The Global Foundation recently convened a hybrid roundtable discussion on the theme of ‘sustainable infrastructure’ in Melbourne and online, to which we were delighted to welcome Professor Enrico Giovannini, former Italian Minister for Sustainable Infrastructures and Mobility, as our guest of honour. Enrico’s presentation shared how Italy became an example of global best practice in sustainable infrastructure, providing inspiration and guidance for Australia’s sustainability journey and for possible wider application in Australia’s neighbourhood.

A positive conclusion from the session was that the Foundation was encouraged to investigate the topic further and that the possibility of Prof. Giovannini visiting Australia for the purpose was canvassed.

The session was kindly hosted by Mr Mike Fitzpatrick AO (Director, Squitchy Lane), and formed part of the Foundation’s new Australian Transformation series of discussions about longer-term issues affecting Australia’s sustainable national development in a global context.

Thank you to our speakers:

  • Professor Enrico Giovannini – former Minister for Sustainable Infrastructures and Mobility in Italy
  • Ms Sharan Burrow AC – Global Advocate for Rights and Sustainability
  • Ms Maryanne Graham – Executive General Manager | Corporate & Stakeholder Affairs, Transgrid
  • Ms Jane Hider – Partner, King & Wood Mallesons
  • Mr Rob Knott – Chair, GHD
  • Mr Ian Porter – First Assistant Secretary | Policy & Research, Australian Government Department of Infrastructure, Transport, Regional Development, Communications & the Arts.

Below is a summary of the key discussion points from the session.

Italy’s model

Italy’s approach to the development of new infrastructure is an example of global best practice in sustainability and aligns with international guidelines including the UN 2030 Agenda and the G20 Principles for sustainable infrastructure. Under Italy’s new guidelines implemented in 2021, all prospective infrastructure projects are given a sustainability score to determine their eligibility for government funding. The criteria encompass more than environmental sustainability; prospective projects are evaluated for their environmental, economic, social, and institutional/ governance sustainability. Project outcomes are also assessed through these four lenses. Italy’s new approach was made possible through the collaboration of experts from various backgrounds, including environmental science, engineering, and economics. Another positive outcome of the new guidelines has been the reduction of the time needed to assess public tenders from 18 months to just four months.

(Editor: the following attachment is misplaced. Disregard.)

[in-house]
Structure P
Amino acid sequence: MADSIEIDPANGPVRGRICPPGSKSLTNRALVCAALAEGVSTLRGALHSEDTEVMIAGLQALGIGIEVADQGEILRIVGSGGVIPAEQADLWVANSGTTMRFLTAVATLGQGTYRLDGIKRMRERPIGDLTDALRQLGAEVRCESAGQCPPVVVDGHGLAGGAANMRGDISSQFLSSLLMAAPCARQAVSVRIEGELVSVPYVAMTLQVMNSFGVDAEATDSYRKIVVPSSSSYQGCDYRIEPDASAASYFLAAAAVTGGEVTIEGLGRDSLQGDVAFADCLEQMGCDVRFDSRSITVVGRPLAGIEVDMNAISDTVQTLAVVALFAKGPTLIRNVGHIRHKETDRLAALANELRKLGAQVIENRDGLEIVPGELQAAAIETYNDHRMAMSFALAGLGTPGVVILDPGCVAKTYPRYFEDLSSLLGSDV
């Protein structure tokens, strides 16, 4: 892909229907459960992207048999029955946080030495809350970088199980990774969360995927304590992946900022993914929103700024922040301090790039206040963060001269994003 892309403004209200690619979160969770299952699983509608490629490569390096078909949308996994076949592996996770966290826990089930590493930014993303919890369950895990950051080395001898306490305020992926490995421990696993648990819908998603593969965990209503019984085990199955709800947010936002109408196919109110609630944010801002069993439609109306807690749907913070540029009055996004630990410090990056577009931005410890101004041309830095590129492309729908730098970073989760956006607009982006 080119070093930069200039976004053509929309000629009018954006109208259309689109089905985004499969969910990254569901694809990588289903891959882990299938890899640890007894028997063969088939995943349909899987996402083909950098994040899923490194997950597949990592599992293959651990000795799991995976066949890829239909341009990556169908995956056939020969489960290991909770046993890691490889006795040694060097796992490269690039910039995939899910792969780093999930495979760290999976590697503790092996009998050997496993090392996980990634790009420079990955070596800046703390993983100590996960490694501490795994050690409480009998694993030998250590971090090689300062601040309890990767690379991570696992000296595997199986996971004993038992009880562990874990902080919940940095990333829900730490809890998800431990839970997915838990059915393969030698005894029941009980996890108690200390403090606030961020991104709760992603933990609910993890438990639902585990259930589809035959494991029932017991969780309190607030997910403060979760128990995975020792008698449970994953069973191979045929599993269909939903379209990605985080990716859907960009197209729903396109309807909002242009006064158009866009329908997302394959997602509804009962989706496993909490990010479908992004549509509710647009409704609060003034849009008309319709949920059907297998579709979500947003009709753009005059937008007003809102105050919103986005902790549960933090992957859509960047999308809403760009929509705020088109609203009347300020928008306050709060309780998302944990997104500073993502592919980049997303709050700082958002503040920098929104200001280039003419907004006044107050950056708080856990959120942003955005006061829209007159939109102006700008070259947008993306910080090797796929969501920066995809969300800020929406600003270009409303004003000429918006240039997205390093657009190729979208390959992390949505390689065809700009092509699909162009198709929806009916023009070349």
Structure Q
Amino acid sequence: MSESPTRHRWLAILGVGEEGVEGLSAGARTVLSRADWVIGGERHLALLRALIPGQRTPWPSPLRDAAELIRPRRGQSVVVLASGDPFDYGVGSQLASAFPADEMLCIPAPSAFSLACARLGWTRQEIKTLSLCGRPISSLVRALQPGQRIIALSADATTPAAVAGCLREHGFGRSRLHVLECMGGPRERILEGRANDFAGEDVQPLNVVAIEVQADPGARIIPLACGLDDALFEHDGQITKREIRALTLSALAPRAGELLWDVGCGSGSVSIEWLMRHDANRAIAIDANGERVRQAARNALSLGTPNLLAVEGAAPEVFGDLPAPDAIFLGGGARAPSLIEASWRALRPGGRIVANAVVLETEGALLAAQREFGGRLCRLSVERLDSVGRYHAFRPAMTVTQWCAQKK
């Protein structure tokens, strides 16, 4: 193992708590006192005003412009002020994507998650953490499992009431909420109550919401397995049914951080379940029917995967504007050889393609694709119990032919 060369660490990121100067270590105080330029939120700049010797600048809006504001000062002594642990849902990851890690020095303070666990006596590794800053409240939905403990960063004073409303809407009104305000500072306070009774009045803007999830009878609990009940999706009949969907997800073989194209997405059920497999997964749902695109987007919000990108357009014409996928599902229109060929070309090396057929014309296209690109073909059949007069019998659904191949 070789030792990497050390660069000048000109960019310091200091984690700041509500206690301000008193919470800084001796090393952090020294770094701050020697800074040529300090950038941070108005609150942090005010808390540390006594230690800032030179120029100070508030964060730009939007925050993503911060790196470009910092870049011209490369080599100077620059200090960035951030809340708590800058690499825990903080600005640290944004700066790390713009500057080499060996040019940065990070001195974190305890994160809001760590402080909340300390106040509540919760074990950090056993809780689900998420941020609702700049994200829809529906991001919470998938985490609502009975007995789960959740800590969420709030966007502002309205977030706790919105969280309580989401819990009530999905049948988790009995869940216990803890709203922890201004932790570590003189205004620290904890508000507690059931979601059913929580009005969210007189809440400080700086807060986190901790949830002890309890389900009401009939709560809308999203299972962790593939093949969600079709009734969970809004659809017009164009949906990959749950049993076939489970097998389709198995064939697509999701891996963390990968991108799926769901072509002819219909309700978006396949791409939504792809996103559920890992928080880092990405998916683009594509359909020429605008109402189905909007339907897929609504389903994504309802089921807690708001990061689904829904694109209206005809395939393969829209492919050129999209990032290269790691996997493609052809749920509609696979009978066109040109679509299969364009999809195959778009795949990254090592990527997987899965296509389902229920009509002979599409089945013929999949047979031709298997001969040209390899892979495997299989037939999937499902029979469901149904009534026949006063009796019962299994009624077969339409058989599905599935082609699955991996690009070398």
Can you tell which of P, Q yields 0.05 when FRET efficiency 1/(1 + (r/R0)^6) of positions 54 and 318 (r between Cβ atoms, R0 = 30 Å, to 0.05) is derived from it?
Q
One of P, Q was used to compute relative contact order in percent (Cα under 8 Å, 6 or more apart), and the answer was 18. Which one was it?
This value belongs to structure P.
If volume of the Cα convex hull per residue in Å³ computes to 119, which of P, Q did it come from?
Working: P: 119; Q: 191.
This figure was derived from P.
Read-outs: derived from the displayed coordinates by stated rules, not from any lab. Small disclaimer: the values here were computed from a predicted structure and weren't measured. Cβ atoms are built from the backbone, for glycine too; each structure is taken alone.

Beyond environmental sustainability

A theme emerging from the session was the importance of viewing sustainability as more than just environmental sustainability. To be truly sustainable, infrastructure projects should also be economically, socially, and institutionally sustainable. While Australia incorporates financial sustainability into its infrastructure regulation, social concerns and the broader social legacies of infrastructure projects are often overlooked. Whether there is a social licence for the development of new infrastructure is an important consideration that should be incorporated into regulatory frameworks.

Challenges for Australia

Participants discussed Australia’s progress towards sustainability, including the country’s decarbonisation strategy and legislated emissions reduction targets.

Aligning Australia’s three tiers of government (local, state and federal) presents a challenge to the country’s sustainability journey, especially in cases where infrastructure projects cross jurisdictional boundaries. Participants pointed to instances of overlap and contradiction between federal, state and territory regulatory frameworks. Simplifying and harmonising this regulation would provide greater clarity and certainty for those investing in sustainable infrastructure projects.

Detailed agreements between the Commonwealth Government and state governments will also be key to progressing reforms on sustainability regulation. To ensure a just transition, care should be taken to include local governments in this process, as they provide valuable insights and knowledge on the unique needs of their communities.

Further, practical challenges for Australia include skills shortages and lengthy approval processes for new projects.


There is a need for substantial private sector investment in Australia’s clean energy transition. There is a challenge, therefore, in making projects appeal to private sector investors. Innovative funding solutions were discussed, including the concept of an intellectual property (IP) bank.

More about the Australian Transformation series

The idea for the series originated in a national roundtable discussion convened by the Foundation in May 2021, which was hosted by the Governor General in Canberra. We agreed at the time that Australia lacked a coherent, long-term national strategy, one that could be understood and embraced by its citizens.  We agreed that we should ‘work more closely together and collectively advocate for an ‘Australian Transformation’ around three issues: of national identity centred on indigenous recognition; a sustainable transformation of the Australian economy; and a clearer sense of what constituted the national interest and consequent global engagement.

Under the guidance of our Leadership Group and our Board, we are providing renewed focus to the Foundation’s programs in Australia for balance of this year and into 2024. The series will culminate in a session featuring the Treasurer, Jim Chalmers, whose participation will centre on shaping the future of the economy. Foundation members will be updated on the details of all upcoming events once they are known.

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